Far from being the enemy, the global private sector is the one certain way that poverty can be made
Monday, January 23, 2006
If business was mentioned at all during last year’s vocal Make Poverty History campaign, it was in criticism of the pernicious power of shady multinationals over the livelihoods of the poor. Hilary Benn, the Secretary of State for International Development, thinks it’s time to defend business against the fury of the anti-globalisers and recognise that without a thriving private sector no country can free itself from poverty.
’The poor are the private sector,’ he says, just back from Ethiopia and Kenya. ’Those people I met in the village of Arba Minch, in Ethiopia, are part of a very small private sector. They are growing food and selling it; they’re weaving mats and taking them to the market to sell.’ Surveys of people in developing countries show that they believe self-employment, business and earning a wage offer them the best prospects of escaping poverty.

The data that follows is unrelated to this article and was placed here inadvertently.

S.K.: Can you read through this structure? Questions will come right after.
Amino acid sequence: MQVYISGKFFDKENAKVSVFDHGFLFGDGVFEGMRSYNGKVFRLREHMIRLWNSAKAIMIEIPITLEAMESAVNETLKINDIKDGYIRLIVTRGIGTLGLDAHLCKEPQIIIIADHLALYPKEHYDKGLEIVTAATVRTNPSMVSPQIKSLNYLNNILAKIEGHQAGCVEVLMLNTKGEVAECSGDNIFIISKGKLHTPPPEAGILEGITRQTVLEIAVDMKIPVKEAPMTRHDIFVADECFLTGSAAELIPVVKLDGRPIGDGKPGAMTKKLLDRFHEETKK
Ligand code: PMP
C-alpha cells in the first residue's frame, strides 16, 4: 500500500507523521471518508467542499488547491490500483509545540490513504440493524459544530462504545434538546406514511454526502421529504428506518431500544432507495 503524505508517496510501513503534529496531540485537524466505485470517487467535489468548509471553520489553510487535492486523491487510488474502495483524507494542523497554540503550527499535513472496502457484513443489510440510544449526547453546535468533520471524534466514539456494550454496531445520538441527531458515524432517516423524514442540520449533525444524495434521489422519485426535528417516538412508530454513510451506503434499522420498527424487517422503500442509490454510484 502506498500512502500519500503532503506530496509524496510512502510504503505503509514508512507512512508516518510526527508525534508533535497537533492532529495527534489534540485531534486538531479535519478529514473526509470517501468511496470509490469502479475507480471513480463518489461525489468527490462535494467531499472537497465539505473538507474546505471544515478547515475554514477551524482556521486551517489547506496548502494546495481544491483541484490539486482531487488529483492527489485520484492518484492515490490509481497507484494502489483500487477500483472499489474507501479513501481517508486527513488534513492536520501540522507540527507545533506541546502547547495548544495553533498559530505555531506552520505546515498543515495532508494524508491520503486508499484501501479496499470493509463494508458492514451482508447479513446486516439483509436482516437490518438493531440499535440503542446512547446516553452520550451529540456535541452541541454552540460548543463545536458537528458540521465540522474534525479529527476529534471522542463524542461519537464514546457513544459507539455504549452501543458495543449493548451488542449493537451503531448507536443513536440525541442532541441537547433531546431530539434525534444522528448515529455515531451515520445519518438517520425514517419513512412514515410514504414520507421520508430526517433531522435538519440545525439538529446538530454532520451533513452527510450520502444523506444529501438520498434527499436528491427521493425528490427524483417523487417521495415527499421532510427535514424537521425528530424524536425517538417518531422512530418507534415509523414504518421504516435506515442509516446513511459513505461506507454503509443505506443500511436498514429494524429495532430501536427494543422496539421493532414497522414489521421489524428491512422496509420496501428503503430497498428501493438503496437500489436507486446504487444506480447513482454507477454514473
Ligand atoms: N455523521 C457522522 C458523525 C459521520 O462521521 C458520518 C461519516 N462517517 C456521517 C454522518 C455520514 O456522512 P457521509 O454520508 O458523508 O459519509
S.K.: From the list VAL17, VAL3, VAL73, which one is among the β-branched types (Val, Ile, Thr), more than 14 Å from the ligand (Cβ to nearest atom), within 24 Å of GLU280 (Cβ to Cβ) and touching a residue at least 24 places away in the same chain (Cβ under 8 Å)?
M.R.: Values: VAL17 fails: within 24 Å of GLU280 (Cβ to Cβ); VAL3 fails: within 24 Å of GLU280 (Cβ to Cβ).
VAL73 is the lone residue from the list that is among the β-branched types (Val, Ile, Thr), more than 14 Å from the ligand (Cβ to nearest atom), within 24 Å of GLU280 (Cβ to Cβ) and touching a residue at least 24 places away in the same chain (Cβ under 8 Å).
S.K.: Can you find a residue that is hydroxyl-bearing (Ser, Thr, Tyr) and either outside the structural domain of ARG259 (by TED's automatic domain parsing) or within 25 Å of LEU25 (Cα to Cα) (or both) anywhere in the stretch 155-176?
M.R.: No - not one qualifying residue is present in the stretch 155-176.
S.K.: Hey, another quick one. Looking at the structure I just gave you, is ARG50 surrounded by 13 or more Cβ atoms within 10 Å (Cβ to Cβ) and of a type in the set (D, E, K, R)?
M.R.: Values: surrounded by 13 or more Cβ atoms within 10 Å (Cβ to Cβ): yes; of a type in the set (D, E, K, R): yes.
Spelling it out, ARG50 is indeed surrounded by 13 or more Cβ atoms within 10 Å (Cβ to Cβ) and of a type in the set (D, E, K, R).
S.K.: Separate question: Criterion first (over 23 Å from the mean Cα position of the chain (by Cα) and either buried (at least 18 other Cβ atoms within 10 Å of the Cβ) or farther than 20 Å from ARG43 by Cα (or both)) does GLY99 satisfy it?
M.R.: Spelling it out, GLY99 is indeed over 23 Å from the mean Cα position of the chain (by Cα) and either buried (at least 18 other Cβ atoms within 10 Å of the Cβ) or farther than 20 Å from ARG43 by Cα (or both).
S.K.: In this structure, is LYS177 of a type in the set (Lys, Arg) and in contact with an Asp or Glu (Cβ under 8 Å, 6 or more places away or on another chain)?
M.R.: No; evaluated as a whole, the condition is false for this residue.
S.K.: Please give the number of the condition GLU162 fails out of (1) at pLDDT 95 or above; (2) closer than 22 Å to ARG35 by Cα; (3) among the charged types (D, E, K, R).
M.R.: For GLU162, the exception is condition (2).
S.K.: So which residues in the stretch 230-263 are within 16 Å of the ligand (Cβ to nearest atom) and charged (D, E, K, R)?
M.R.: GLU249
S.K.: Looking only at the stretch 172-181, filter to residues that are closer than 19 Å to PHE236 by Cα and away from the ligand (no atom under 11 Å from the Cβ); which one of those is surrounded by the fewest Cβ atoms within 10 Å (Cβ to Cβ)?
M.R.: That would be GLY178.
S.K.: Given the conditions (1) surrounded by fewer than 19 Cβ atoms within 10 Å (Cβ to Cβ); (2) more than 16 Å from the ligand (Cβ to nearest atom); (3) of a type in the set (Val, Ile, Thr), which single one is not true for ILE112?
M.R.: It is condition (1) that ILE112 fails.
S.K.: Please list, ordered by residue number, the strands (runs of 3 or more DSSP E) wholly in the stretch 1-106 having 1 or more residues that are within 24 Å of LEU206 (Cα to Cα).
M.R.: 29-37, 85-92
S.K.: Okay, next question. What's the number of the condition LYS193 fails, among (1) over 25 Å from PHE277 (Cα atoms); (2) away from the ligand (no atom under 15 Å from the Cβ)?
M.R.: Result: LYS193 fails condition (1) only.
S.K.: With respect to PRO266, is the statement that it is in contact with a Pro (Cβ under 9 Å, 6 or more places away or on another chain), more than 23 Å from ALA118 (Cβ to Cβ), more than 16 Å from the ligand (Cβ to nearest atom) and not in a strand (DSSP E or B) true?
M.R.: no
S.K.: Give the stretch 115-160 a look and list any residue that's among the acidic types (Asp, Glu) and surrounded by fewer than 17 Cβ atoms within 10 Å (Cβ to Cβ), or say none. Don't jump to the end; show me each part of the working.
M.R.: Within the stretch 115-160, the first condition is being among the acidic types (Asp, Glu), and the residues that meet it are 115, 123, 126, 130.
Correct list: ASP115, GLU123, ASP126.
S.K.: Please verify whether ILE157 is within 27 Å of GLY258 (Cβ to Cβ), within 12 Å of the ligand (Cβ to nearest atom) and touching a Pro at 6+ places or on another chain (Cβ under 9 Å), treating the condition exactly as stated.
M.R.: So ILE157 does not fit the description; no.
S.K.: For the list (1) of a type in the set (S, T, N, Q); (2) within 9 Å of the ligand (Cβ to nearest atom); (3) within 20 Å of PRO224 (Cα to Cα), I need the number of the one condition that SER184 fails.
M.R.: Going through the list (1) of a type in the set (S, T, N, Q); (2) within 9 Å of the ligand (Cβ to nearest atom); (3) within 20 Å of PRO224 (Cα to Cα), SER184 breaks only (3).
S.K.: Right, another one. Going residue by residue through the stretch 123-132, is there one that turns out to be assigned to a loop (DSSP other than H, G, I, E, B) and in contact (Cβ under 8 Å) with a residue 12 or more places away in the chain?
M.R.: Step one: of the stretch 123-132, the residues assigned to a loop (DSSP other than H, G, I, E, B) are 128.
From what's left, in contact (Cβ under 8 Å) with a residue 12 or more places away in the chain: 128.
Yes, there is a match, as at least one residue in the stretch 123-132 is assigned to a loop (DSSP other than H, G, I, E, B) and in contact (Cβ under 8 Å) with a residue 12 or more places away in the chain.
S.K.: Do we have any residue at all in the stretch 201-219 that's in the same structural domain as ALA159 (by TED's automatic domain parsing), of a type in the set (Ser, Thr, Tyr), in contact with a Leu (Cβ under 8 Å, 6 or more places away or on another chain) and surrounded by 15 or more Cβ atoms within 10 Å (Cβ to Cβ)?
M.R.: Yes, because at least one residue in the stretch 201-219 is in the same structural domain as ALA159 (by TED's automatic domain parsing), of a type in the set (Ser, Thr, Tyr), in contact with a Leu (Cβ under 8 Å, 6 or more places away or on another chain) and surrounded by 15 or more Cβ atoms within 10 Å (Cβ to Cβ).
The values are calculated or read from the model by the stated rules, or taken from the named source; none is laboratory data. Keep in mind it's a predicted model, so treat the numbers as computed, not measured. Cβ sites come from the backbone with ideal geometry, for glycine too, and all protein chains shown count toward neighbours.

Benn says donors have to learn to think beyond the humanitarian crisis, when food hand-outs are vital, and put in place the building blocks of an expanding economy. Britain would like to see more countries follow the free-trade, high-growth model which has seen the Asian Tigers, China and India burst onto the global market place in the past 20 years. More than 400 million people have been lifted out of poverty in China in that time.